What Did the National Assembly Vow When They Made the Tennis Court Oath?

On an indoor tennis court in France on June 20, 1789, members of the Estates-General took a vow not to disband until a new constitution was put into place for France. The group, known as the Third Estate, the lower echelon of the Estates-General national assembly, took this vow because of the problems related to the reign of France's King Louis XVI.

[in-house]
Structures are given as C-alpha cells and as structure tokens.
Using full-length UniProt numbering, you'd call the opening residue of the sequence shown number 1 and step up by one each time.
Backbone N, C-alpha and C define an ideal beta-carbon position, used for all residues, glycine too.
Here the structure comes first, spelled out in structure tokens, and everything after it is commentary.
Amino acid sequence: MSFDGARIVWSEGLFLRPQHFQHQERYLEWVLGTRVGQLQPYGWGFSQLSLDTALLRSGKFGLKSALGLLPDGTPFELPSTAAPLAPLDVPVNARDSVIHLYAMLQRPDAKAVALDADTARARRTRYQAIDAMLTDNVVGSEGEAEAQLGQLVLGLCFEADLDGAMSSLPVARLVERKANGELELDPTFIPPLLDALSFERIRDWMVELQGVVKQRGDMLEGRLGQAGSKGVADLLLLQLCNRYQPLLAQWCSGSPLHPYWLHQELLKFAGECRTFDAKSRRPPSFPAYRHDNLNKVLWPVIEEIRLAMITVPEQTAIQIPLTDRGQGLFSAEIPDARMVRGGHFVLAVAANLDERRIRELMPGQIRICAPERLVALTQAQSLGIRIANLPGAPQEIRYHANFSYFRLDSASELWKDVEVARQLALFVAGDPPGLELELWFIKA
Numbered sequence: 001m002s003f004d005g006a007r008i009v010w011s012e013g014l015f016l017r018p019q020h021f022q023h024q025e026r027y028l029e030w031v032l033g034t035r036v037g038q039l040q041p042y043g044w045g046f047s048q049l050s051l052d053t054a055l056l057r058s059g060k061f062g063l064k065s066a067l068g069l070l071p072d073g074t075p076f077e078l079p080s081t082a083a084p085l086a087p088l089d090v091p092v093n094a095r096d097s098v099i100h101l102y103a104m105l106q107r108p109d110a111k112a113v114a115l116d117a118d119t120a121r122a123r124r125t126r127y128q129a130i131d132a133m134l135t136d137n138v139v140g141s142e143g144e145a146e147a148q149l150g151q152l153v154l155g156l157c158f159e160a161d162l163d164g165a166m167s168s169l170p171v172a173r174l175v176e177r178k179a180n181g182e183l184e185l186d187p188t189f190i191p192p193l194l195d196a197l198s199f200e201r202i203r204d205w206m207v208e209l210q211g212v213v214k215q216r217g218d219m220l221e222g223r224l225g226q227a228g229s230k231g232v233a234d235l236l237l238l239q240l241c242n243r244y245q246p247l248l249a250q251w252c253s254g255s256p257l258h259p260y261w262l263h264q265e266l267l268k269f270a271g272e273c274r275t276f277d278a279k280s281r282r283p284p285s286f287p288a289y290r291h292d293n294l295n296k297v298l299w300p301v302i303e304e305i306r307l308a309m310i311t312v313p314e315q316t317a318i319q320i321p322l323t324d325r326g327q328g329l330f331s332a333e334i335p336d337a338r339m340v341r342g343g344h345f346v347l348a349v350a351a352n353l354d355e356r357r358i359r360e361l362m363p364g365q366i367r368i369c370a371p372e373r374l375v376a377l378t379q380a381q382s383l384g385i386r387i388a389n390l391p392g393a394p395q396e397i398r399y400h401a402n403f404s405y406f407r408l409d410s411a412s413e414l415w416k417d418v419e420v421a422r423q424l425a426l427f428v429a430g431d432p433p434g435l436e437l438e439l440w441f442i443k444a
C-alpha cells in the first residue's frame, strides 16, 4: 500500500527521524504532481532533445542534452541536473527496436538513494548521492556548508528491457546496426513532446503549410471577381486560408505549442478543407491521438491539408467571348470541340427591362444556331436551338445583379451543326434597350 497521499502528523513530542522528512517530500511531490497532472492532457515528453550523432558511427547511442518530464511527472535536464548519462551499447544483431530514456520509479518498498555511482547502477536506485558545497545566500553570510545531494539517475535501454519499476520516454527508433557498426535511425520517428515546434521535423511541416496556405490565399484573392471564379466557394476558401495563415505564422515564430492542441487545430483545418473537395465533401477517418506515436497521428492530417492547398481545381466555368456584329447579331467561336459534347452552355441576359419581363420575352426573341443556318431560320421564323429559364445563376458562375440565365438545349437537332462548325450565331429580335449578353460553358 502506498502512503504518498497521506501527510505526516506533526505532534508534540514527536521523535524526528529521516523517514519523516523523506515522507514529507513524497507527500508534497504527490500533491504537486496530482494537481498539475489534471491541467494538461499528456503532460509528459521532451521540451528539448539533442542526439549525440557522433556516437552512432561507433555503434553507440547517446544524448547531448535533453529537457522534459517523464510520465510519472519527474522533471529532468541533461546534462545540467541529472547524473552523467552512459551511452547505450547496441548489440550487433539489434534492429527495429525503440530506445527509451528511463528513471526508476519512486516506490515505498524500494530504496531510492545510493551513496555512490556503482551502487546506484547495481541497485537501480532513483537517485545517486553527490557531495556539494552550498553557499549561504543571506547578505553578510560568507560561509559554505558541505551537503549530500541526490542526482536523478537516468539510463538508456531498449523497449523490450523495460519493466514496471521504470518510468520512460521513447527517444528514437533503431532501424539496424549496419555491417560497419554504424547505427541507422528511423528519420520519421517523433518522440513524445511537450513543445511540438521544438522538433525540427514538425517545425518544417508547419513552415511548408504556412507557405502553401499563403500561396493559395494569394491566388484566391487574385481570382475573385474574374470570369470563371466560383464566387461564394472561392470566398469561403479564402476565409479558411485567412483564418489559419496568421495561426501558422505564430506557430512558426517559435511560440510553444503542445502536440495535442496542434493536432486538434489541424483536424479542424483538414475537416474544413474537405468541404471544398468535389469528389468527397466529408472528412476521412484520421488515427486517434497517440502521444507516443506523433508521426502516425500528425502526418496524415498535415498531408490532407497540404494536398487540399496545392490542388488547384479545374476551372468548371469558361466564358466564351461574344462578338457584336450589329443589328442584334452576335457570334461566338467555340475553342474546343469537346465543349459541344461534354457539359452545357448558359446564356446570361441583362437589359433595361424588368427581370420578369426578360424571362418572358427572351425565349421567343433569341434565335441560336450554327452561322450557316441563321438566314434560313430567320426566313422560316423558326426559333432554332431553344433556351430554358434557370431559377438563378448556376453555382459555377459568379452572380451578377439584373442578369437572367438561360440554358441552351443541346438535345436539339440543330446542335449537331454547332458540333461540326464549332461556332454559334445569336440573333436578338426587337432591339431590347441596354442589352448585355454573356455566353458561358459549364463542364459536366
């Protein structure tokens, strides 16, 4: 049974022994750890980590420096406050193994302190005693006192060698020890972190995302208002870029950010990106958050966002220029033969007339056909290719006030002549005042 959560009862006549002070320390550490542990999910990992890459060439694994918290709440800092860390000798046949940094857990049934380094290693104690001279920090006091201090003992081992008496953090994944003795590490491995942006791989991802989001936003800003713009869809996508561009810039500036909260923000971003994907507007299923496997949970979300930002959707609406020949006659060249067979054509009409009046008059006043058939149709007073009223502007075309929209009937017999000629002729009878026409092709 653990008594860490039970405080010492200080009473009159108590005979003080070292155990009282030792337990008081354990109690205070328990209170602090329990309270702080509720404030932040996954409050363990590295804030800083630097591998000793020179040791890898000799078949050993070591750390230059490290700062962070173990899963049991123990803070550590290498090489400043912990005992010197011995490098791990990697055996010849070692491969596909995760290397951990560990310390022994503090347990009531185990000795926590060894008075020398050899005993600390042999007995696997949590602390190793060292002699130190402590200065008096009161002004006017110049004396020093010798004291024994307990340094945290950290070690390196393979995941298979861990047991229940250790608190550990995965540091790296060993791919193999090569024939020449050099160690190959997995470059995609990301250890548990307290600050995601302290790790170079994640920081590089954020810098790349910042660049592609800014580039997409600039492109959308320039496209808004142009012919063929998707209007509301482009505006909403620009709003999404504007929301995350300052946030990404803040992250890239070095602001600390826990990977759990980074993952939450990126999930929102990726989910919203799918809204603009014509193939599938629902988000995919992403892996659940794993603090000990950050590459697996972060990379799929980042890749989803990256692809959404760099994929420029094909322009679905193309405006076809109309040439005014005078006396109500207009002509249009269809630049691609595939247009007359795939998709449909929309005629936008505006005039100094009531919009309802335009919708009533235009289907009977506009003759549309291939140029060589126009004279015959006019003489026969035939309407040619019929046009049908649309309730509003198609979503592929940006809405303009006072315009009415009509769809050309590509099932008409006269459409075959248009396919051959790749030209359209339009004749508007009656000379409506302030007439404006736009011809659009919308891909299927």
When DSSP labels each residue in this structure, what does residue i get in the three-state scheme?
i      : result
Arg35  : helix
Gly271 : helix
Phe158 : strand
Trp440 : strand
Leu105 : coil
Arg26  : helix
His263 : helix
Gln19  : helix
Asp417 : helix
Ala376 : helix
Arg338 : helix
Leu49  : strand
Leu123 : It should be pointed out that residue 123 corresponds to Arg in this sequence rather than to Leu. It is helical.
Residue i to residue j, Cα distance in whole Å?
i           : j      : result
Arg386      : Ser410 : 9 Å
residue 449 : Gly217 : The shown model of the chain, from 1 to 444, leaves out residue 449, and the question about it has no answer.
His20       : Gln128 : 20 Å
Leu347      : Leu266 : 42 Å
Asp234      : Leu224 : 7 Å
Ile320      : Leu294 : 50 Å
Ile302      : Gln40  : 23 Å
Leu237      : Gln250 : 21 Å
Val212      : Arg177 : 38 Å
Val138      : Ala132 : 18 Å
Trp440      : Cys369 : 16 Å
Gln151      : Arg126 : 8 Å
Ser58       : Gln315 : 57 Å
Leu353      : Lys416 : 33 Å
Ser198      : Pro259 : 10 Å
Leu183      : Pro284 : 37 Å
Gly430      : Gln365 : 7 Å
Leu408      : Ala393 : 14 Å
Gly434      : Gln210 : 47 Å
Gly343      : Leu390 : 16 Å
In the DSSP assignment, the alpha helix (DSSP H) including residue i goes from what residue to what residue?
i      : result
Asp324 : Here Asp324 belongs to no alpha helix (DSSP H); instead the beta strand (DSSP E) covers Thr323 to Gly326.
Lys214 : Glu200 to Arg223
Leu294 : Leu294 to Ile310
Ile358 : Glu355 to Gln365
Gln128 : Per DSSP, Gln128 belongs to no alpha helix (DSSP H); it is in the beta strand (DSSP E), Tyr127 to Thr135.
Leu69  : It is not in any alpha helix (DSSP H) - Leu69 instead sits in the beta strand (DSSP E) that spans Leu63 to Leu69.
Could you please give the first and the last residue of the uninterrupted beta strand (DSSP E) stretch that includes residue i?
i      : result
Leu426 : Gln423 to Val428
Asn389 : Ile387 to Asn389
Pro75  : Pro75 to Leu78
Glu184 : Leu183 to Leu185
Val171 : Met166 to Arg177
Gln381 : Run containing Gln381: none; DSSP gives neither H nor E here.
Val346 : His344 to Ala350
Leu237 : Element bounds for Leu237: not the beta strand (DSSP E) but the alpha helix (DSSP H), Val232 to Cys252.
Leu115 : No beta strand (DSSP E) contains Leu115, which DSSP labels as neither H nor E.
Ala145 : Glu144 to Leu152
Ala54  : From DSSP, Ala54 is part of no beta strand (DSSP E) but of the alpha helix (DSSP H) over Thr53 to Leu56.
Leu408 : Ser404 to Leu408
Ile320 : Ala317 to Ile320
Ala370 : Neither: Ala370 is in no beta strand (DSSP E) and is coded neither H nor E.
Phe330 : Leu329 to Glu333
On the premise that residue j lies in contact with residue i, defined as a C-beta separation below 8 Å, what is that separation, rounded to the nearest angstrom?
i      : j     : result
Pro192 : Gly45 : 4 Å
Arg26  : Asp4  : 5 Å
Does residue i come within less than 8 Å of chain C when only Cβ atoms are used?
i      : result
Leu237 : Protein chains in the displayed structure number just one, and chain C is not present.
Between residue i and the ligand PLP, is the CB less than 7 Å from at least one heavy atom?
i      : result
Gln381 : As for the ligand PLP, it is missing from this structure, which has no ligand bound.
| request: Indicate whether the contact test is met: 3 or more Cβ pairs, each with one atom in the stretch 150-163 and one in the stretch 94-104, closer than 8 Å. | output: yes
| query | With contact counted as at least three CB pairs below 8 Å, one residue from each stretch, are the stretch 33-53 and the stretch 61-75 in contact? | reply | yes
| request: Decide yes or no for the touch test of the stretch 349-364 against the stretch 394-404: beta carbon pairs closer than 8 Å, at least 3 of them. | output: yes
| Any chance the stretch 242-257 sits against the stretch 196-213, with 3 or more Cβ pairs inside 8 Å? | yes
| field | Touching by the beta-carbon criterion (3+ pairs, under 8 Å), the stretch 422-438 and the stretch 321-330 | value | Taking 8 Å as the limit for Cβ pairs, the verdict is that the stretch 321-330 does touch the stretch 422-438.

All but one (who had been cast out of the meeting) of the 577 members of the Third Estate took the pledge to remain united and to reassemble until a new French constitution was drafted. This action led directly to the Declaration of the Rights of Man and of the Citizen, which was a key factor in the French Revolution, and is the French version of the American Declaration of Independence.